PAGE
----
BADMINTON: The life of a Hastings pro
By Ben Cornwell
David Fletcher has played badminton for most of his life – first in school PE, later overseas when he was in the army. Returning to Hastings, he decided to focus on full time coaching. He started in schools across the town, then around 15 years ago created the Hastings Junior Badminton Club.
Children flocked in. Some of their parents asked about the possibility of a mums and dads club. David preferred to create a Friday session for both adults and juniors.
So, on a Friday, the club splits its four courts into age groups: primary, secondary, and two courts for college students and adults. But club players – usually around 20 in number overall – are not compelled to stick to this arrangement. David encourages the adults to play the odd game against the juniors, believing this is key to helping the younger players develop and improve as they need to challenge themselves against higher quality opponents.
CREDIT: David Fletcher
Saturday sessions, specifically for juniors, attract between ten and 20 players. David tries to cater the sessions for everybody so that those wanting to play for fun and the social aspect can enjoy it just as much as those looking to do it competitively. “It has got to be one of the most sociable sports”, he says. “That’s not just something I have found since my time running the club in Hastings. You can walk into a badminton club anywhere and be made to feel welcome, and that’s what I like about it. It’s not difficult for someone with basic hand-eye coordination to pick up a racket and play.”
Pre-Covid, the club fielded several different teams in the Hastings & District Badminton League, which covers Rye, Bexhill and a 20 mile radius around – two men’s, a women’s and a mixed. After months of lockdowns and social distancing restrictions it has been difficult for clubs around the country to continue to pull in the same numbers, and the Hastings Junior Club has suffered with the rest. David felt accordingly that for the 2021/22 season it was best to enter just one men’s team, but he is hoping to resume the full range of teams from September to fulfil an undoubted demand for competitive matches.
Many of his former proteges across 23 years of coaching have gone on to play at county or national level. Over the last decade, his coaching has led him to Uganda and provided him with the opportunity to coach their national team. He initially went over there with the head teacher of Silverdale school but he then decided to make a further trip on his own so that he could continue to encourage more people in Uganda to get involved in the sport.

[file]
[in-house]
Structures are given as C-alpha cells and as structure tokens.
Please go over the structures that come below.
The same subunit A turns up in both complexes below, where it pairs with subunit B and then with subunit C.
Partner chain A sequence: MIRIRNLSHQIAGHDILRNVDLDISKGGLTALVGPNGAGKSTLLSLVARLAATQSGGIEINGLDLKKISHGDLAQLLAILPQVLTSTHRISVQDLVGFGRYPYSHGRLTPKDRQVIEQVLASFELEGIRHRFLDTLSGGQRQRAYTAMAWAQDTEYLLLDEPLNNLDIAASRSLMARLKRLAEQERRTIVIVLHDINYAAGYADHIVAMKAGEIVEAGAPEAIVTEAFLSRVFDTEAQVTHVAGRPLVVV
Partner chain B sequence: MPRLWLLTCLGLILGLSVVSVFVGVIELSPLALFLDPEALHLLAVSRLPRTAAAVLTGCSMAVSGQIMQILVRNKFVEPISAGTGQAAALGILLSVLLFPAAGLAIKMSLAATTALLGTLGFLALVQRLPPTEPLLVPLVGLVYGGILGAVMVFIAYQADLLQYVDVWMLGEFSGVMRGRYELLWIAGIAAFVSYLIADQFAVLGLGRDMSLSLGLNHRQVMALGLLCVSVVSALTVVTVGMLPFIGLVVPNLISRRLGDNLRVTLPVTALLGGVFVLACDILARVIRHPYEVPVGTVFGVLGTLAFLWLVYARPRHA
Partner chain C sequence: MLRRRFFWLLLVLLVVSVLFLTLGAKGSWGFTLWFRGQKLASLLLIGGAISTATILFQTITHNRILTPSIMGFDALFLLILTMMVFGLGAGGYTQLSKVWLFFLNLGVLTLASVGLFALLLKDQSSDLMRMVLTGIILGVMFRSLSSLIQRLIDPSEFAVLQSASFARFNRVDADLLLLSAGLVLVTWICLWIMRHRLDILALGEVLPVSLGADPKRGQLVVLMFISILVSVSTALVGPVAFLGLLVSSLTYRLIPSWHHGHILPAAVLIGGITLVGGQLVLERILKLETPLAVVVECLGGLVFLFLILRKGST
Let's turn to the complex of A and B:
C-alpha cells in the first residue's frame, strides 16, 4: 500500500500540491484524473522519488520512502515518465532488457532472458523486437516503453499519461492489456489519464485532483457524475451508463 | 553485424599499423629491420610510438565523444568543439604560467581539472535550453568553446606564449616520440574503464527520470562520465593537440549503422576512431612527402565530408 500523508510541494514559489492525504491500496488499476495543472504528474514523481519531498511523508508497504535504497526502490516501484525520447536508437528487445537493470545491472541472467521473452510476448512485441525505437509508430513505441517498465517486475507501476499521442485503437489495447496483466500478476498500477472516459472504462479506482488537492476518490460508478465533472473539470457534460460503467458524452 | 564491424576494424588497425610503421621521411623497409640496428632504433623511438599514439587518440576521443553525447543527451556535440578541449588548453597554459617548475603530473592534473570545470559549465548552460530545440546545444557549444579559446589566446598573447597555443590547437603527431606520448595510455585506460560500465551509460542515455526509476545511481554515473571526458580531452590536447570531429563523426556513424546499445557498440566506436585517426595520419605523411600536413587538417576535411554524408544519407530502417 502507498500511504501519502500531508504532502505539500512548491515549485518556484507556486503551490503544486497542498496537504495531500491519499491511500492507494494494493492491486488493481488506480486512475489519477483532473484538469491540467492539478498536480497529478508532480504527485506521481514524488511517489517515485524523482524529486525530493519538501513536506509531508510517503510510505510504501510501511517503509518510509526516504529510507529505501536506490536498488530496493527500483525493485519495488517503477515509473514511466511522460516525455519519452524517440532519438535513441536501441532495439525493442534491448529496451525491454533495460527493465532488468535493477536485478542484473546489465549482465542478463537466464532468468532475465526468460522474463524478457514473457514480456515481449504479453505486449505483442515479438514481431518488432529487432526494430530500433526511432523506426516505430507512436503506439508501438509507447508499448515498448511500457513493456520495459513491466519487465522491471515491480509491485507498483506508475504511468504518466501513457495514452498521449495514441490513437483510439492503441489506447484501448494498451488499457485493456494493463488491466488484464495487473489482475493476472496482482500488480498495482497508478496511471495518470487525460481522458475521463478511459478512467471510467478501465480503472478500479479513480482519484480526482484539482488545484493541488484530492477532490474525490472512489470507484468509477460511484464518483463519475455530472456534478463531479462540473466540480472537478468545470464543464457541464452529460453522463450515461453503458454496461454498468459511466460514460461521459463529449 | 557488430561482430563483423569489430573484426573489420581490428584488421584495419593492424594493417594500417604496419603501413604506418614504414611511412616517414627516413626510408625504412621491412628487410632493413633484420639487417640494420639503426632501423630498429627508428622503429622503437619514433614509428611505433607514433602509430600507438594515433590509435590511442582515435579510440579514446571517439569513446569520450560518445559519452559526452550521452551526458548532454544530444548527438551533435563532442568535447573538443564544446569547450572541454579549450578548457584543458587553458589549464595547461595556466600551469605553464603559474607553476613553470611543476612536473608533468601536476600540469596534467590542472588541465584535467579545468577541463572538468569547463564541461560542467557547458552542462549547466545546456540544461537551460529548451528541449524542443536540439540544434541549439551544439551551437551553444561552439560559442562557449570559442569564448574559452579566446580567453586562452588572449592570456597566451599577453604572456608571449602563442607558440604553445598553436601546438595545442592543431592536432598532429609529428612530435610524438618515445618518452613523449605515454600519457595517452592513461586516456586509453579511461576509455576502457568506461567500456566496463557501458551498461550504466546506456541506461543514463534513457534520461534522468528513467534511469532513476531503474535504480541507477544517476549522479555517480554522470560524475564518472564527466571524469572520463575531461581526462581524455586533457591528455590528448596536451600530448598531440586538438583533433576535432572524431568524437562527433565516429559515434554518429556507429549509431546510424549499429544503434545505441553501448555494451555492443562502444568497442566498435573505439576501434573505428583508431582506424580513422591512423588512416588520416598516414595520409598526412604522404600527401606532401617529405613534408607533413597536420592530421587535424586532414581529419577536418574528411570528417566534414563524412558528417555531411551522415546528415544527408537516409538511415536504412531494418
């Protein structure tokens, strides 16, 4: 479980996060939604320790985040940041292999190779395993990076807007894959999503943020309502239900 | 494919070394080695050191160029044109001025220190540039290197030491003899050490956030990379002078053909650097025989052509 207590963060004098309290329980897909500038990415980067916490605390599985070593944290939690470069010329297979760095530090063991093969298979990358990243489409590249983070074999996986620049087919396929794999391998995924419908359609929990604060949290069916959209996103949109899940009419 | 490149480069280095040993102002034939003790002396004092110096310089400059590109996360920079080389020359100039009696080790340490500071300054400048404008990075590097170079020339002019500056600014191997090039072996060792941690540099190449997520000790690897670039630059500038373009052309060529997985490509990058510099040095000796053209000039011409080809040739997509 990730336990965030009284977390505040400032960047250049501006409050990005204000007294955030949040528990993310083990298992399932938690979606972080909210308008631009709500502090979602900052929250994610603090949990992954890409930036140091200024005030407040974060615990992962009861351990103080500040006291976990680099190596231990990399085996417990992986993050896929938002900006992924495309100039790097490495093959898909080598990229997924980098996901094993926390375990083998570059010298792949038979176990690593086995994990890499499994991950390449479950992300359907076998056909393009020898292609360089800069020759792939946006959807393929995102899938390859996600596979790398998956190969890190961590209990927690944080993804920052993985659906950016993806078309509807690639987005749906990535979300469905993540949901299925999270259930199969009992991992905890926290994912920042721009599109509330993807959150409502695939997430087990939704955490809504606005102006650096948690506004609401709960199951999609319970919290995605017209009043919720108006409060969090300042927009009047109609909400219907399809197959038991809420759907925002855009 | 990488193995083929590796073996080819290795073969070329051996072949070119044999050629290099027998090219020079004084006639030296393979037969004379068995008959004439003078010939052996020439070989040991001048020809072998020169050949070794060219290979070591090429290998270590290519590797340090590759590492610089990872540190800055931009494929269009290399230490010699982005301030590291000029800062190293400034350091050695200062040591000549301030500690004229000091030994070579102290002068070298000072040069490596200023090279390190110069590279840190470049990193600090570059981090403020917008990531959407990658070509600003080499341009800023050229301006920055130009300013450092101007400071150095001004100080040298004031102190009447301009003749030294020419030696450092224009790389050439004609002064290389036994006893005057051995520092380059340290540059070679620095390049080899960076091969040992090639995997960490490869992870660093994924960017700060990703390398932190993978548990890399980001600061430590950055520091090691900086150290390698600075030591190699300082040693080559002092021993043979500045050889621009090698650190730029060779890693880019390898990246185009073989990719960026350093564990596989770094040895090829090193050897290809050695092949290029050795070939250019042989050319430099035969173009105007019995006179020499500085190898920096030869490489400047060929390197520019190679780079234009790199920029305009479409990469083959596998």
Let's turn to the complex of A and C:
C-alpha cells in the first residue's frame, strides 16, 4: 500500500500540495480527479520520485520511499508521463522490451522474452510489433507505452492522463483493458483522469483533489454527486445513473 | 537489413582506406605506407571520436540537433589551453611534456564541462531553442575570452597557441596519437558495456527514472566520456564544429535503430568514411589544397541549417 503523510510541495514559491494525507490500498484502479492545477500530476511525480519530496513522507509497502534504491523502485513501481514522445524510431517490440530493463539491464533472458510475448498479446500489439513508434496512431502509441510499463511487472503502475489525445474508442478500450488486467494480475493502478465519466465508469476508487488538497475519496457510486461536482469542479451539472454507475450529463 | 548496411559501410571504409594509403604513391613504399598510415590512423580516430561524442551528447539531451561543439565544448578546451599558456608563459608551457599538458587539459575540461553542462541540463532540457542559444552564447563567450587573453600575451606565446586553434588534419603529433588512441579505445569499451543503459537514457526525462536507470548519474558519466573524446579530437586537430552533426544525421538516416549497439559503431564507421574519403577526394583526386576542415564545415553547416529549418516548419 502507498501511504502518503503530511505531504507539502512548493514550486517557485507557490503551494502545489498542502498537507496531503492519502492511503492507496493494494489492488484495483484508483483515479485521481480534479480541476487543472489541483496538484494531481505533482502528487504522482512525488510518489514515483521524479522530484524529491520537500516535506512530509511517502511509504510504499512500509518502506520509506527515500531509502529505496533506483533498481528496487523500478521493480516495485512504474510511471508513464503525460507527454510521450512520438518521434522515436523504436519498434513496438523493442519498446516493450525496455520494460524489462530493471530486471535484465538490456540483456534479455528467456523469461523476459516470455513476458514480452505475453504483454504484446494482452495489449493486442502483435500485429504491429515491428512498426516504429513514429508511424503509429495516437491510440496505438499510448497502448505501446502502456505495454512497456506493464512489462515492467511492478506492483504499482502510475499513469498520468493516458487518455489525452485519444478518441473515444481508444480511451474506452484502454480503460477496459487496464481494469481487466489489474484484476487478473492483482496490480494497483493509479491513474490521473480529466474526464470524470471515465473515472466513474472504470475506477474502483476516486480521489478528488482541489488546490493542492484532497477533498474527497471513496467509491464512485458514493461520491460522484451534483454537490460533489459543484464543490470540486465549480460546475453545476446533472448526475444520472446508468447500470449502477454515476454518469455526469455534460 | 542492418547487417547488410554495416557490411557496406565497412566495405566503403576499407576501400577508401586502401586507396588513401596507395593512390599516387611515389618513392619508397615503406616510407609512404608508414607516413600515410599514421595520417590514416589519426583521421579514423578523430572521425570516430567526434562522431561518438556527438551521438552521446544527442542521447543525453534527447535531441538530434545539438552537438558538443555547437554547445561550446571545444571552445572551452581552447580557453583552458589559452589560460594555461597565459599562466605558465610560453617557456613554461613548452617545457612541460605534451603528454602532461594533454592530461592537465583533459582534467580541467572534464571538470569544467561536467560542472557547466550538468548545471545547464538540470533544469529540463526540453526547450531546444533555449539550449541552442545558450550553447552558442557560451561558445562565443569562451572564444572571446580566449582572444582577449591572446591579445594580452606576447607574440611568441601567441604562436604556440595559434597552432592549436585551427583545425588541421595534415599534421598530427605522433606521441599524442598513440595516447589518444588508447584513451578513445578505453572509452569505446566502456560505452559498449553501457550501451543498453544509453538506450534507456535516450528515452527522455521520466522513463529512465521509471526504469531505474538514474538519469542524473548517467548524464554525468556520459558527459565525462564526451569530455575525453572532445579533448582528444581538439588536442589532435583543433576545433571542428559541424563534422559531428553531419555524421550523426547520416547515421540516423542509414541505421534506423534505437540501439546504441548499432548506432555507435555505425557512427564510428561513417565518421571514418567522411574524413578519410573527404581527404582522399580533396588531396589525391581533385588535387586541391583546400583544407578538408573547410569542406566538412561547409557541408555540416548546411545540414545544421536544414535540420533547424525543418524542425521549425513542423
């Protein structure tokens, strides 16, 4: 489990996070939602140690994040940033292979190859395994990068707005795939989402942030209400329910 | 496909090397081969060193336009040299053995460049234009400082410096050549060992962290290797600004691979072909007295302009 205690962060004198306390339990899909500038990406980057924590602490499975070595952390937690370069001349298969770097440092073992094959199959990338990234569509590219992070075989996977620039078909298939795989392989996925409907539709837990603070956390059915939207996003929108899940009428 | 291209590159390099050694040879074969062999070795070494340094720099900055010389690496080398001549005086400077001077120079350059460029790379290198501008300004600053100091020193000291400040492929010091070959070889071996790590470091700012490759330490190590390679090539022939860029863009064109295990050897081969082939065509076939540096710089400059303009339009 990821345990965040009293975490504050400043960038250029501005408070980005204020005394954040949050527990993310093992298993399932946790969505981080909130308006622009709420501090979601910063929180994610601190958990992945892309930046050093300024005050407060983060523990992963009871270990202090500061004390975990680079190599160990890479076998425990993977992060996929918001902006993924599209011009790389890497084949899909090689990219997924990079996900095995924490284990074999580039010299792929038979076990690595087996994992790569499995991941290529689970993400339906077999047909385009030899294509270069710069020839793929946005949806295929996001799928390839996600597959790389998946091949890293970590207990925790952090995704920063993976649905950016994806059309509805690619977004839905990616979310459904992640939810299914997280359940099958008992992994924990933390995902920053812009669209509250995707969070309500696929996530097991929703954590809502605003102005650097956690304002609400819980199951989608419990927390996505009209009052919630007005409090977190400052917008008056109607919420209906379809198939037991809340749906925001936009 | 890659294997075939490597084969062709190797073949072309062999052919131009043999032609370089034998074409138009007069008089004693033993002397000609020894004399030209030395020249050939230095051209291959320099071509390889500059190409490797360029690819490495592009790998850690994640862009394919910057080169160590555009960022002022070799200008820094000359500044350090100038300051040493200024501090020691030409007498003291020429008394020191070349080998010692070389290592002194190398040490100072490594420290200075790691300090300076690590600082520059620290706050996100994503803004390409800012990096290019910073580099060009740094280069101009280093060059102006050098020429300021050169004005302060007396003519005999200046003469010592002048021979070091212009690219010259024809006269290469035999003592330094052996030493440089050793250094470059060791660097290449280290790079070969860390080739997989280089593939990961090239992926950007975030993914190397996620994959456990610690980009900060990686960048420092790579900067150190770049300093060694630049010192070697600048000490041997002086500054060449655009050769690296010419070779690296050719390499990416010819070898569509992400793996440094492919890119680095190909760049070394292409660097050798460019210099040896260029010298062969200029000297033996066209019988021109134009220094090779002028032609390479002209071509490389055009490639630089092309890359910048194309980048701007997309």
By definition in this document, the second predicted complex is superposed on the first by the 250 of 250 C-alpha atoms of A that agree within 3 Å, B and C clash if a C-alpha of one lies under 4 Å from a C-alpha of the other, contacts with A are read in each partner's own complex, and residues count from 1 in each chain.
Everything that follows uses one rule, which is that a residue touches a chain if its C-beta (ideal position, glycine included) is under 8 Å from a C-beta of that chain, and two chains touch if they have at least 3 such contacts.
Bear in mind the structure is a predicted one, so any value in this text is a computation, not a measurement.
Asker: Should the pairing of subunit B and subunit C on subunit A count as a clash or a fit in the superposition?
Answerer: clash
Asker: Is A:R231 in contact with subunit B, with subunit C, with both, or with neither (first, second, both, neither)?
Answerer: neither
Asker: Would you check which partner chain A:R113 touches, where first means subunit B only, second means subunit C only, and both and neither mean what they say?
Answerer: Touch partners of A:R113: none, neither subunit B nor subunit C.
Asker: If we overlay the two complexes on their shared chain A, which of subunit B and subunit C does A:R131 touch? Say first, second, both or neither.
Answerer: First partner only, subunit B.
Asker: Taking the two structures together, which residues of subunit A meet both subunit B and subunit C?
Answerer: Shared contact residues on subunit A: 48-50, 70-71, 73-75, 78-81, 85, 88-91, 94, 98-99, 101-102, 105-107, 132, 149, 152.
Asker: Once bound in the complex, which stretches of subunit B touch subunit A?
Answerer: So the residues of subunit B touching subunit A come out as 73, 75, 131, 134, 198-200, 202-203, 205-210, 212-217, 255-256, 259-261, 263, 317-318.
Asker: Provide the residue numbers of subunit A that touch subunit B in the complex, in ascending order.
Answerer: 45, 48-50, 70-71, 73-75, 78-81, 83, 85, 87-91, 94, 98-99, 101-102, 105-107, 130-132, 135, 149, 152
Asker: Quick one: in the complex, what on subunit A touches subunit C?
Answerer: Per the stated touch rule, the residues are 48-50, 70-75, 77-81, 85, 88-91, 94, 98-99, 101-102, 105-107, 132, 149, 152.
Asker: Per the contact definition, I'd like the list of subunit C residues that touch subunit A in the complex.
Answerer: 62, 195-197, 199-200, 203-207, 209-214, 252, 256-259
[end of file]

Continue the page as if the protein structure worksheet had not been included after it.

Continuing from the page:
Back in Hastings, David says that he is not only planning the club’s future but also his own – he envisages that in a few years he will pass the running of the junior club onto somebody else. But he feels that still he has a couple of years left before he hangs his racket up for good. And in July he looks forward to being with the Ugandan national team at the Commonwealth Games in Birmingham – a great experience for him.
Improving my game
At the end of my discussion with David, I asked him for some tips on how a new player (like myself) could improve. He told me that he would pass on advice that was given to him several decades ago by former British Olympic coach Paul Whetnall, which massively helped him change his game. “When the shuttlecock is coming toward you, only focus on the white cork. It may initially feel a bit strange to play like this, but once you get used to it, you will cut out a lot of errors and mishits.”
Perhaps I should have kept that information to myself rather than sharing it in this piece for my regular opponent to read.
The modern-day version of badminton can be traced back to the 19th century when British army officers in India developed a game called Poona, inspired by the children’s pastime Battledore and Shuttlecock. The fast-paced sport was similar to the game we know today except there was no net or court, the aim was simply to prevent the shuttlecock from hitting the ground. The name itself comes from the Duke of Beaufort’s Badminton House in Gloucestershire, where it’s claimed that the modern version was first played in England.
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